As Laureen Mgrdichian, professor of marketing, sees it, Christian women in the workplace should have the best of both worlds — they can find encouragement in the stories of successful female leaders in the marketplace and also find support in their local churches for their role in the workplace. 

But it often doesn’t work out that way, according to Mgrdichian, who teaches at Biola University’s Crowell School of Business.

“In a class I teach called Women in Leadership, we watch videos of women giving presentations at Harvard, Stanford and UC Berkeley,” Mgrdichian said. “These women were all CEOs of companies and amazing speakers, but they attributed their success either to luck, hard work or being in the right place at the right time, and not at all to seeing God's hand and God’s role in placing them where they were.”

Mgrdichian believes the church can also address this area better.

“Women are in the workplace. No matter what your views and expectations are of women’s roles in church, being in the workplace is different,” Mgrdichian said.“Many women believe that God has placed them in the workplace, but they aren’t being encouraged by the church in their vocations outside of the home; they aren’t being encouraged to excel, and aren’t being encouraged to see the workplace as a form of worship to the Lord. How can we help them thrive?”

Out of that dilemma Woven was created, an annual conference for women in the workplace to share their stories and how God has guided them through their careers.

“Six years ago,” says Mgrdichian. “A couple of students and I were talking after class, ‘Wouldn't it be great to hear from women who could tell their story, but also weave God's hand into it? To hear His providence and guidance, and how they used their strengths and stewarded their gifts?’ Right then, we decided to do our own conference!”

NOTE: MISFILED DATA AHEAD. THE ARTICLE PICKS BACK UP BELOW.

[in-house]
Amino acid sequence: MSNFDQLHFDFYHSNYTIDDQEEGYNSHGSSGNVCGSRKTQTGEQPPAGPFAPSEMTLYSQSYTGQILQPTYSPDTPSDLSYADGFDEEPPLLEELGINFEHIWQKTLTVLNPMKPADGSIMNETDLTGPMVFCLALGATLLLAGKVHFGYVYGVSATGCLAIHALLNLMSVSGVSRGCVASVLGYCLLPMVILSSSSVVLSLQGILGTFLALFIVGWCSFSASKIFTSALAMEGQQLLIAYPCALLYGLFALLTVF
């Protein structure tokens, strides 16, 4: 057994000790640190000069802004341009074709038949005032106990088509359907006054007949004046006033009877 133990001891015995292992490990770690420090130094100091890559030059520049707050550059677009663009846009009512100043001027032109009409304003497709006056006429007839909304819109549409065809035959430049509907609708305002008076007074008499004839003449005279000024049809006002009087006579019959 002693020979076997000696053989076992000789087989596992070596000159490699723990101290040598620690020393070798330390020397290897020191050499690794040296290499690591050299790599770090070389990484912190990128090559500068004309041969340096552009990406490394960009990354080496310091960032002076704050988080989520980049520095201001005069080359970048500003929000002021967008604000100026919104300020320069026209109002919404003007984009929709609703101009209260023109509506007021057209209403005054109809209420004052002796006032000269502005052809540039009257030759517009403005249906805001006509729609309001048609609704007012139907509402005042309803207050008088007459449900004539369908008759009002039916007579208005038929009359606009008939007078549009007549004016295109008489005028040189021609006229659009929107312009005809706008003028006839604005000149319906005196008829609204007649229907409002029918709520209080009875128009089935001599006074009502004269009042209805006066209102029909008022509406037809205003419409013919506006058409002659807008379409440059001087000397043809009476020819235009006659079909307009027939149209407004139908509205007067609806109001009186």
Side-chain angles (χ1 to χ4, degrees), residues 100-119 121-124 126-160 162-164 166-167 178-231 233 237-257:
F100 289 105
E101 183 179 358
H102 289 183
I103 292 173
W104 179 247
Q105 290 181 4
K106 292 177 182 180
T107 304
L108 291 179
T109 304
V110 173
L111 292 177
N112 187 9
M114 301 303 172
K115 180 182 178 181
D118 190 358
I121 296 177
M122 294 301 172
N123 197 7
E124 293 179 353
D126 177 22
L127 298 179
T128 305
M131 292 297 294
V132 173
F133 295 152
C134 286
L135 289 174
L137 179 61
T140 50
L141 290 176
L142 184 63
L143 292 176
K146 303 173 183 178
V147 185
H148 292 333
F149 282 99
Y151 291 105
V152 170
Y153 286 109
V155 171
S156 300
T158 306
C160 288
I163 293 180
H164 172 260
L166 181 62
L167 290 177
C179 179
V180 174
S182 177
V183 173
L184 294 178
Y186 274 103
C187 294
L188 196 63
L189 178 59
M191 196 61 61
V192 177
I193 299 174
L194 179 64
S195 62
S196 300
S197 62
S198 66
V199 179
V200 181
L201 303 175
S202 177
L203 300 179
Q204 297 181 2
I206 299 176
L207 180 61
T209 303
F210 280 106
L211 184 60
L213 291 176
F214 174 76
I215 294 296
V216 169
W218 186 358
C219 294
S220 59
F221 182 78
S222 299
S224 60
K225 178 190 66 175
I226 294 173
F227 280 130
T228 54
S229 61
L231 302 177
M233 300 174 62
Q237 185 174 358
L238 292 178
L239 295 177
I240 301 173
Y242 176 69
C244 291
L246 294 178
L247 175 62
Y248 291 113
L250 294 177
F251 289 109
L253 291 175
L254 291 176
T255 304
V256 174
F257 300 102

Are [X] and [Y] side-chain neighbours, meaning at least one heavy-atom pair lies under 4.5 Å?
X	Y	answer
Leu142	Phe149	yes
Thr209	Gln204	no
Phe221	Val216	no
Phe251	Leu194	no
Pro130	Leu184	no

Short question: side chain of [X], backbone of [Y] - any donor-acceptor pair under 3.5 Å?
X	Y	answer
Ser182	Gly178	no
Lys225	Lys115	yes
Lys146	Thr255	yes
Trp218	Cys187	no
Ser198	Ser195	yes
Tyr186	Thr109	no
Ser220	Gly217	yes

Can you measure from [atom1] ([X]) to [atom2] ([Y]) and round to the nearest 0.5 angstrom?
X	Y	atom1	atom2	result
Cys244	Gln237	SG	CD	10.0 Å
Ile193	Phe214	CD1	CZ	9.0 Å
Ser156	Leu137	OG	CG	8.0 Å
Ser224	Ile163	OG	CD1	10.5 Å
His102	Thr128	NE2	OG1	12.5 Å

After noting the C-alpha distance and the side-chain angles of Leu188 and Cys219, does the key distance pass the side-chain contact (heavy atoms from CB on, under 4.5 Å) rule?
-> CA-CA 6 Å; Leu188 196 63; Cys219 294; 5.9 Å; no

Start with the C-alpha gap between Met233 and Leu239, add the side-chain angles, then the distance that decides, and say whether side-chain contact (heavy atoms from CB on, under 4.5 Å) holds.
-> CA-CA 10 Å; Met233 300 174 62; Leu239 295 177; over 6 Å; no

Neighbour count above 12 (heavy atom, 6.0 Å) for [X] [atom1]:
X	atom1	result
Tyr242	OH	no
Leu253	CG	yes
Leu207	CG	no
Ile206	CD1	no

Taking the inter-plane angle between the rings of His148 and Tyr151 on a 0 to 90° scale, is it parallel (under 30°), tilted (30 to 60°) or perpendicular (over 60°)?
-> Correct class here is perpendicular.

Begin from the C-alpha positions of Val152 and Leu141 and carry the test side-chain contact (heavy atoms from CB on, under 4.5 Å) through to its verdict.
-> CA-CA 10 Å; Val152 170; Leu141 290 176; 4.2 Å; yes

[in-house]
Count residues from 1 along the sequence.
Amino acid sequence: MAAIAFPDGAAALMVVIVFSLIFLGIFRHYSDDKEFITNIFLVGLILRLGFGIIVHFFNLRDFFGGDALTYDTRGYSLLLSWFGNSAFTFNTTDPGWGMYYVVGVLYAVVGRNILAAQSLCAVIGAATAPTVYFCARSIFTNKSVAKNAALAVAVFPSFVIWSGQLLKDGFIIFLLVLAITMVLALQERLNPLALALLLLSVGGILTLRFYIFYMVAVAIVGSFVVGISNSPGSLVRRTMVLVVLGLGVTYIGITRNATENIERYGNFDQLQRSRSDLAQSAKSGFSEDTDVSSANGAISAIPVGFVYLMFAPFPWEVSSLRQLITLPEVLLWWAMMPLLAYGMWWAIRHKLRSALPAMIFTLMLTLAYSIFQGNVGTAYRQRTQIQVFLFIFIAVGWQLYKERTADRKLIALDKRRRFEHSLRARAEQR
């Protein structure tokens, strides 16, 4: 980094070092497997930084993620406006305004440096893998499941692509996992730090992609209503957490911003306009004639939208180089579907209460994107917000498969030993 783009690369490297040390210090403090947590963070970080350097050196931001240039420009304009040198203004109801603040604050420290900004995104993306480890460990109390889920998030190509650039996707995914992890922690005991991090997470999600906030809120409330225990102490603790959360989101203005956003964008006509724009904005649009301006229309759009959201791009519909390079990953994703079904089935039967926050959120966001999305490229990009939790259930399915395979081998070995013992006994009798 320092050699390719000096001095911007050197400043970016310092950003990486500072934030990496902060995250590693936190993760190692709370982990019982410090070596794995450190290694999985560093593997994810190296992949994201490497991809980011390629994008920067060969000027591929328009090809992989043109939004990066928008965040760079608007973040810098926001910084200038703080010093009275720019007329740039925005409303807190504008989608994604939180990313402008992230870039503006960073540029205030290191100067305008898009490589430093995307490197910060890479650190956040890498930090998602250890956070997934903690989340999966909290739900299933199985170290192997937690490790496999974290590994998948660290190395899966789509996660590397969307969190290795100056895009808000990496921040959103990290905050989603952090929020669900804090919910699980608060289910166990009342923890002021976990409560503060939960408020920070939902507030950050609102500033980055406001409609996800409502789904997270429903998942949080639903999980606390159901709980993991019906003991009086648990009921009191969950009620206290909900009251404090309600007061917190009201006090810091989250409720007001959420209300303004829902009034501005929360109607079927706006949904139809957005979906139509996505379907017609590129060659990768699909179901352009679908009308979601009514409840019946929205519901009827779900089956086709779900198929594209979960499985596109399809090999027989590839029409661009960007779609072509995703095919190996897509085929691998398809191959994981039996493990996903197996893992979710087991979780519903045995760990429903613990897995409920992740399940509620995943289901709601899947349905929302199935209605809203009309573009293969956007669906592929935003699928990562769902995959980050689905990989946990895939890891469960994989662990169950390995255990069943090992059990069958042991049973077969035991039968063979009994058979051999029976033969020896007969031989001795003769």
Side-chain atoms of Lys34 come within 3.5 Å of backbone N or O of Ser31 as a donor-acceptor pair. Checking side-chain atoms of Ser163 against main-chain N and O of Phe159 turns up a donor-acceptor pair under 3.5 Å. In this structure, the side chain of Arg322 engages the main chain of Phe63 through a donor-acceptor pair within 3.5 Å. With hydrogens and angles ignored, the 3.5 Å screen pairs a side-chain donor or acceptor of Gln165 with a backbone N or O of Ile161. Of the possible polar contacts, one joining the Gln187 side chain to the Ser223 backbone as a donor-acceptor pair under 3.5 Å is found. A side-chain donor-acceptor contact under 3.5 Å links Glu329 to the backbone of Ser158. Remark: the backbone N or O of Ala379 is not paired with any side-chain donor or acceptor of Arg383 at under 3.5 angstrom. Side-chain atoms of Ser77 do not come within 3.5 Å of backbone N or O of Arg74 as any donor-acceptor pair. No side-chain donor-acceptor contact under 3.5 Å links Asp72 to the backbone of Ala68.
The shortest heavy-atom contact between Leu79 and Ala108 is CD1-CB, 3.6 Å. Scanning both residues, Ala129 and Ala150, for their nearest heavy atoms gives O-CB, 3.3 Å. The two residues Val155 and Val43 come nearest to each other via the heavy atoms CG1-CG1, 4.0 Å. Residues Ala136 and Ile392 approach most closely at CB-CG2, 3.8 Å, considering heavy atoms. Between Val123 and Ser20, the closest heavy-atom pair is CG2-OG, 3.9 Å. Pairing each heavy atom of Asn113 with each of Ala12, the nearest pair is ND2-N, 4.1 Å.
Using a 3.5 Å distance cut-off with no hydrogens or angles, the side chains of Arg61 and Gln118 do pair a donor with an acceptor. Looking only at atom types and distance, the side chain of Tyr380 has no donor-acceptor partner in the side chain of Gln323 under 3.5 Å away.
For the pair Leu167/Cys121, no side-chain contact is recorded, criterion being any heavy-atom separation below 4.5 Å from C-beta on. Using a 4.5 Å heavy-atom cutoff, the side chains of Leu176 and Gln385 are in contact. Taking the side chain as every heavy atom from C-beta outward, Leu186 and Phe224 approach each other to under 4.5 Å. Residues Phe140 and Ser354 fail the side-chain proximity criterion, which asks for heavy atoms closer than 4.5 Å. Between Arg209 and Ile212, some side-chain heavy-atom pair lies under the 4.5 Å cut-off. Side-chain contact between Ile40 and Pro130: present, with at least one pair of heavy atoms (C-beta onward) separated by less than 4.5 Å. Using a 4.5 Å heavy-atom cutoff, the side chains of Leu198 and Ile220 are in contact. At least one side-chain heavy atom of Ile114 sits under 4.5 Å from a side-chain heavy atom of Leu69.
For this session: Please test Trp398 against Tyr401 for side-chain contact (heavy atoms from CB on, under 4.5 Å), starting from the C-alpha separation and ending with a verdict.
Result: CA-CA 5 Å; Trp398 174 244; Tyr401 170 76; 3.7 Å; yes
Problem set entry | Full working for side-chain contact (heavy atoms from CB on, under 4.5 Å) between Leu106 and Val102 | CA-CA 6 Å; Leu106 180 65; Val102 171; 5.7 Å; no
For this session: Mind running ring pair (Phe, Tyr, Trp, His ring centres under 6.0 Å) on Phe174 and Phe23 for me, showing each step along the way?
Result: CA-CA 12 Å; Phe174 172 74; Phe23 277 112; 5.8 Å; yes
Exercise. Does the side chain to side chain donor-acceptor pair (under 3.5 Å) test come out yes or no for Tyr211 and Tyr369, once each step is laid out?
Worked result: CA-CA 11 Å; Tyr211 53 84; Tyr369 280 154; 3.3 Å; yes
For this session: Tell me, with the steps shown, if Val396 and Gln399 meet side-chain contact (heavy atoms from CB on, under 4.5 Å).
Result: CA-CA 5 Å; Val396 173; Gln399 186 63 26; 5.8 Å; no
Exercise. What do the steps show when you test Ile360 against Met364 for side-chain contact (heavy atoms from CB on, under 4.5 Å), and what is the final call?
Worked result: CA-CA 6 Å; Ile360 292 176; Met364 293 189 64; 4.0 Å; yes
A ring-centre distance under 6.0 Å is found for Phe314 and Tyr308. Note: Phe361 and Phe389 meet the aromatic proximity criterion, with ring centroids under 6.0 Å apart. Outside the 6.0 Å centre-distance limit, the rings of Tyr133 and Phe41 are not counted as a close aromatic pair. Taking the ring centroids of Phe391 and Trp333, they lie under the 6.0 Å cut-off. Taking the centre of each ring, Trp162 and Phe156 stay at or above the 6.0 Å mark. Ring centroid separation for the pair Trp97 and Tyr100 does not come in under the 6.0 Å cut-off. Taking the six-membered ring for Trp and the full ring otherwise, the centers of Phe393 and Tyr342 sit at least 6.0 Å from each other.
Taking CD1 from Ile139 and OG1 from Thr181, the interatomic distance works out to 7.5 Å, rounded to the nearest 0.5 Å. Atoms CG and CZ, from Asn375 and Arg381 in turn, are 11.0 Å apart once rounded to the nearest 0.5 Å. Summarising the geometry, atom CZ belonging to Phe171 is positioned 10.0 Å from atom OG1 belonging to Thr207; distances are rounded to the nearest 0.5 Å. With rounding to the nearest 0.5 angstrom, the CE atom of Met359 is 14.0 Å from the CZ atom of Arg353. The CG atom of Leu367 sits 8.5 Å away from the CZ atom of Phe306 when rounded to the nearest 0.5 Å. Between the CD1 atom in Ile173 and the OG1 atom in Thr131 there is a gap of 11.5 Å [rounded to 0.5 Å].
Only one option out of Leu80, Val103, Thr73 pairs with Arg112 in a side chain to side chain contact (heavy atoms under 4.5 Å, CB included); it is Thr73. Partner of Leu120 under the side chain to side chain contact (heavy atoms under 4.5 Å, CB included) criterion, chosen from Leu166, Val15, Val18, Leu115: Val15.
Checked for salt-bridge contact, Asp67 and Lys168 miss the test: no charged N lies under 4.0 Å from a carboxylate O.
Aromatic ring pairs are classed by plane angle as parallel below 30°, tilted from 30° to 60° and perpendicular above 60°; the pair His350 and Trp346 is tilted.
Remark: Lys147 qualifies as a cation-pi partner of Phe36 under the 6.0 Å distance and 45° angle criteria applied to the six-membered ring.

Hosted by Crowell School of Business faculty and students, and with financial support from Biola SGA, the sixth annual Woven Conference was held in February.

“Woven is intended to encourage women in the workplace and in their walk with the Lord,” said Mgrdichian. “Our intended audience includes both students and invited guests — alumni, friends of alumni and anyone in the community who wants to grow, especially working women.”

Attendance increased this year to 100 participants. The conference is free for Biola students as an opportunity for students to connect with women in the workforce.

“I love hearing about the connections, networking, support and encouragement they give and receive, and the confidence that it builds! That is what I enjoy the most,” Mgrdichian said.

This year, the following women spoke at Woven:

“I like the speakers to freely share their own stories and what they believe women need to hear, instead of sticking to a theme,” said Mgrdichian. “But it's amazing how every year things seamlessly connect, one speaker to the next — that's just God's hand in it. These speakers have not talked to one another, maybe never even met, until the night before. I love seeing how everything weaves together. That’s not a pun on our name Woven — it really is amazing.”

This year was the highest attendance of non-business major students at the event.

“Woven is for women across all disciplines here at Biola,” said Mgrdichian.

Mgrdichian is already on the search for speakers for 2021, women who are in the workplace, who have risen through the ranks, and who can share stories of their journey and God's work in their lives.

“It's not your traditional women's event,” said Mgrdichian. “It's kind of unique. I think it’s important to show Christian women that they have many different choices. That's why it's so fun to bring in different speakers. They’re the proof that there’s not just one prescribed way.”

To learn more about programs in the Crowell School of Business that will support your leadership journey, visit If you would like to recommend a speaker for the Woven conference, please email